Therefore, board members serve as
important bridges to building public
awareness of the critical role a great
library system plays in creating a
great university.
"The board's recommendation,
that with each endowed professorship
there be an endowment for resource
materials to support that professor-
ship, is typical of the positive direc-
tion in which we must move to
strengthen the libraries. I would also
like to see a small percentage of every
university donation earmarked to
improve the library system. This, of
course, will take a lot of education
and acceptance among the various
constituencies of the university"'
explained Smathers.
Smathers and
his family have a
long history in
Florida's develop-
ment and higher
,i education issues.
His great-grandfa-
ther arrived in
Tampa on
Christmas day in

1876, and was heralded almost fifty
years later by the Tampa Tribune as the
"Father of Tampa." One of his grandfa-
thers moved to Miami in the mid-
1890s and established the first phar-
macy and one of the first movie houses
in Dade County.
The George A. Smathers Libraries
and Smathers Library are named for
his father: library benefactor, former
U.S. senator, and UF student body
After graduating with honors
from Yale University and serving in
Vietnam with the Navy's Underwater
Demolition Team Eleven, Bruce
Smathers graduated from the UF
(Continued on page 6)

Chapter One C~ Page 3

The idea of an exhibit of some of
our botanical books seemed to be
perfect. The stacks are tilled with
such books as we hate a line collec-
tion ot botanical books. That soon
became the problem. Imagine that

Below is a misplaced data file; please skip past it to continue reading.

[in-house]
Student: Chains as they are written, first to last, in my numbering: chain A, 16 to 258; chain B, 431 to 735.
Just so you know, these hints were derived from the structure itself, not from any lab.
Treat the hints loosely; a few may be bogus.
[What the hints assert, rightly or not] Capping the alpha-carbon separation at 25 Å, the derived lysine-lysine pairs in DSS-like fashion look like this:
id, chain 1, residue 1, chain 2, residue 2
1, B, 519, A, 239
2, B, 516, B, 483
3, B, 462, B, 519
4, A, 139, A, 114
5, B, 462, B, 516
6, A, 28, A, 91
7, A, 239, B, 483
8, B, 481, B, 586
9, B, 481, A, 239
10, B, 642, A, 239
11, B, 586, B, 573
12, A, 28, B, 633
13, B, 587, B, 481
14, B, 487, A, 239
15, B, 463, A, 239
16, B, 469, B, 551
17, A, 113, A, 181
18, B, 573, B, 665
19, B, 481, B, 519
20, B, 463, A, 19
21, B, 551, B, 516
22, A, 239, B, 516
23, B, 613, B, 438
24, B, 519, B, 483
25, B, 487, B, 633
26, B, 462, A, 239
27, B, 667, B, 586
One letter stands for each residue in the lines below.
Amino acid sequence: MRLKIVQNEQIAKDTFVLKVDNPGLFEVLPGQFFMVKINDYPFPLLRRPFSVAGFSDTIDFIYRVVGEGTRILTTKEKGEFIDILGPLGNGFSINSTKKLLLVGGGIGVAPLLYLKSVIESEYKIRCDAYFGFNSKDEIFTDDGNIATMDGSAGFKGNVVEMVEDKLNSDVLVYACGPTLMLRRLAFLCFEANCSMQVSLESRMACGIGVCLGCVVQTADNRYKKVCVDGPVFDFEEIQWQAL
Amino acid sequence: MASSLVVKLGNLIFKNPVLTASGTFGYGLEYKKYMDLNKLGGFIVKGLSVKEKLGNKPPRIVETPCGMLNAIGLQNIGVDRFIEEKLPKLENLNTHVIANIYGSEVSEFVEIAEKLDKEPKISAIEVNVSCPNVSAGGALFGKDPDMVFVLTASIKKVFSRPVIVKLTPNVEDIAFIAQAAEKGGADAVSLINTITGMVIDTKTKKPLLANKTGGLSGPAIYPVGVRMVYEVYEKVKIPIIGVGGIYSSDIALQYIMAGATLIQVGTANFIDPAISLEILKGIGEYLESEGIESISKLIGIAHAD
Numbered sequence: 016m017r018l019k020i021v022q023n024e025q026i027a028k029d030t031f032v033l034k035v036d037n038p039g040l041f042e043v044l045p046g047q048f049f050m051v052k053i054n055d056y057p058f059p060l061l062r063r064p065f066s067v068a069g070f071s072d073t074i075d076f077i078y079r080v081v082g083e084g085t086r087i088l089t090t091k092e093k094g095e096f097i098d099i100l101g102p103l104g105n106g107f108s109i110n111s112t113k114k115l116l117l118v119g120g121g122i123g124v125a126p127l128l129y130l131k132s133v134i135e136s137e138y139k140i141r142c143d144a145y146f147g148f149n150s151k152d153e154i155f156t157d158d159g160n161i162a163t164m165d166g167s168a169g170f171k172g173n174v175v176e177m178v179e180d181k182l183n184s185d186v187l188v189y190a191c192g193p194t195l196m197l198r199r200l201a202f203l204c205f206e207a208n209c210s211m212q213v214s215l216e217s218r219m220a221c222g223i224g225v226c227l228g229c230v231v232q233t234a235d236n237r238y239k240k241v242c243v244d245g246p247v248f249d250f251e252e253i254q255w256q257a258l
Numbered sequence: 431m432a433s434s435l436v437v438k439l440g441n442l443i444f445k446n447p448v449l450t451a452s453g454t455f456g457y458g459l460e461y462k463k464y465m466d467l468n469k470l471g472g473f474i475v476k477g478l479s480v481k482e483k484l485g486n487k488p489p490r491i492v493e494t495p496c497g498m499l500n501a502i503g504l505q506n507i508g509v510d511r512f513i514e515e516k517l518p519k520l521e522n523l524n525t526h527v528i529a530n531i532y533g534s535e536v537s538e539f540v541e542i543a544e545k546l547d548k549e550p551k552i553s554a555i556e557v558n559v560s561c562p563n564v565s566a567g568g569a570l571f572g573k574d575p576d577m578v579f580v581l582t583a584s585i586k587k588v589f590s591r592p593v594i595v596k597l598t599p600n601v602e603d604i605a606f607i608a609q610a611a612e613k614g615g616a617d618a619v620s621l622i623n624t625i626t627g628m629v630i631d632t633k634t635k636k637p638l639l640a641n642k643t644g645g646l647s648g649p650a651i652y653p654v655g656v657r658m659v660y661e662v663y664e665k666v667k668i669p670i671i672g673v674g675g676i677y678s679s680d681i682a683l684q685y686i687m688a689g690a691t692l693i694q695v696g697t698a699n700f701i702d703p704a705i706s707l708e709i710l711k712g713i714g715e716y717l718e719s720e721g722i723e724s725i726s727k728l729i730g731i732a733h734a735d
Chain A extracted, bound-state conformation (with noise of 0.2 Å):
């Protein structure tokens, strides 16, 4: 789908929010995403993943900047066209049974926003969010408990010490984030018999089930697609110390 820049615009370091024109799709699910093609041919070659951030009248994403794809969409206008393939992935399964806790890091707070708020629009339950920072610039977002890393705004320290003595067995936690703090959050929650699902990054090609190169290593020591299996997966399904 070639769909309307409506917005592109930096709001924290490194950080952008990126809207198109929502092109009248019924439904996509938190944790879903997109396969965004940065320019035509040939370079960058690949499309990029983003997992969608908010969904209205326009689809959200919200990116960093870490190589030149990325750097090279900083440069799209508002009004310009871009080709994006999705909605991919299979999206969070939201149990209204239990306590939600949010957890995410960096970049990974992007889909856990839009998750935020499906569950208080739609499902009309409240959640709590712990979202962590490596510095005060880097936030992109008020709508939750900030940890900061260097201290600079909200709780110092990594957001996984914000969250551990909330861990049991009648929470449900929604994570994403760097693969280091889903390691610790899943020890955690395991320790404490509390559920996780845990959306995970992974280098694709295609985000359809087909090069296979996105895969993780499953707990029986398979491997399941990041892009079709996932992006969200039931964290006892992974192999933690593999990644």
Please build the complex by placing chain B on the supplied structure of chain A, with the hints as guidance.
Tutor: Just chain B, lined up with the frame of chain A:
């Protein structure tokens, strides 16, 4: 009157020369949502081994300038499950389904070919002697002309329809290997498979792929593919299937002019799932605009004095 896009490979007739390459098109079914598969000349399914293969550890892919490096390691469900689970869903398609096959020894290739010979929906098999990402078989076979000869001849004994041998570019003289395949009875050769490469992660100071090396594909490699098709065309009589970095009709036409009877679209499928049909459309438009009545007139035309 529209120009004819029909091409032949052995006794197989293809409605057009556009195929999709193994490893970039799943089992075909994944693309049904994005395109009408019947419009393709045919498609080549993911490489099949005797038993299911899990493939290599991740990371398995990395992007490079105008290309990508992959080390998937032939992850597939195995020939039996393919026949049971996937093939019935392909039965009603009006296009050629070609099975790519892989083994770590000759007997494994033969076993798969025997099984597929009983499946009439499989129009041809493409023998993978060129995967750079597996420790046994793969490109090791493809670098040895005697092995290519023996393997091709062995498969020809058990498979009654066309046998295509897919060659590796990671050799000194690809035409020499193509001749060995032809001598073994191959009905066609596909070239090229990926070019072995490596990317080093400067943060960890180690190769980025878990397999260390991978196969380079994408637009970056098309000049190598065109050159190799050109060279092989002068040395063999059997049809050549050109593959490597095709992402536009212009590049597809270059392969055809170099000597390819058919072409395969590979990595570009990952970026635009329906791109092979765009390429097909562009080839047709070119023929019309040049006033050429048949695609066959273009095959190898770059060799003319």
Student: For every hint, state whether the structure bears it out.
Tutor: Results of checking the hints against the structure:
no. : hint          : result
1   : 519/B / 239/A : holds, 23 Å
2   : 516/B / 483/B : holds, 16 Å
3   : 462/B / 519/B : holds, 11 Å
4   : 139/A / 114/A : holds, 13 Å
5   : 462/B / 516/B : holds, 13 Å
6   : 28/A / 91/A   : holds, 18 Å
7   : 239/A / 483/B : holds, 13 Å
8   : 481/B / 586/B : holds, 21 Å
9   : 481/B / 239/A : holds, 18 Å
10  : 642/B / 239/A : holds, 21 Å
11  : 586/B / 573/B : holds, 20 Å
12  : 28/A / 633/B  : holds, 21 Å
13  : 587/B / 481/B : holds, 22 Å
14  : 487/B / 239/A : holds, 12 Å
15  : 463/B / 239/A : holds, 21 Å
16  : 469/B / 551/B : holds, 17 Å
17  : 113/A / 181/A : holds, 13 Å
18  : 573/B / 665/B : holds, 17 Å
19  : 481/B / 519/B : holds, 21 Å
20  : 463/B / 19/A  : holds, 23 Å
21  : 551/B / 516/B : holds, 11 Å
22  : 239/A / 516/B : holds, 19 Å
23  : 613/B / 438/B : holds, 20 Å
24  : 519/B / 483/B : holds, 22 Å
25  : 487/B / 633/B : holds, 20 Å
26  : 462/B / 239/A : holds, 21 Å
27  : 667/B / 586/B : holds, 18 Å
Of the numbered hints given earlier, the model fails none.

you are gihen entry to Aladdin's
treasure ca\e %with one small sack
and told that you may take anything
you desire. But, although you may
till the sack, you may not take any-
thing else.Yolu till the sack and then
immediately tind another gem.What
to do? Rummage through the sack
and take something out. This was
repeated many times as I sat on the
floor in the stacks looking through
our many beautitui books. What
remains can only be a sampling. The
grandeur of the %whole treasure cave
is only barely glimpsed.
The exhibit makes only passing
mention of the founder ot taxono-
my, Carl Linnwus. Works by John
Ray and John Evelyn of the 17th
century are also missing trom this
exhibit. The exhibit targets the eye
and the accompanying text is only
complementary. The various tech-
niques employed to create images in
the exhibit are explained to gi\e
some sense ot the means used to
create the ditterent ettects. The tech-
nology ot each period has benefits
and limitations.
Like ise, the nature and appeal
ot botanical illustration has e\olhed.
The herbals, w which are the tounda-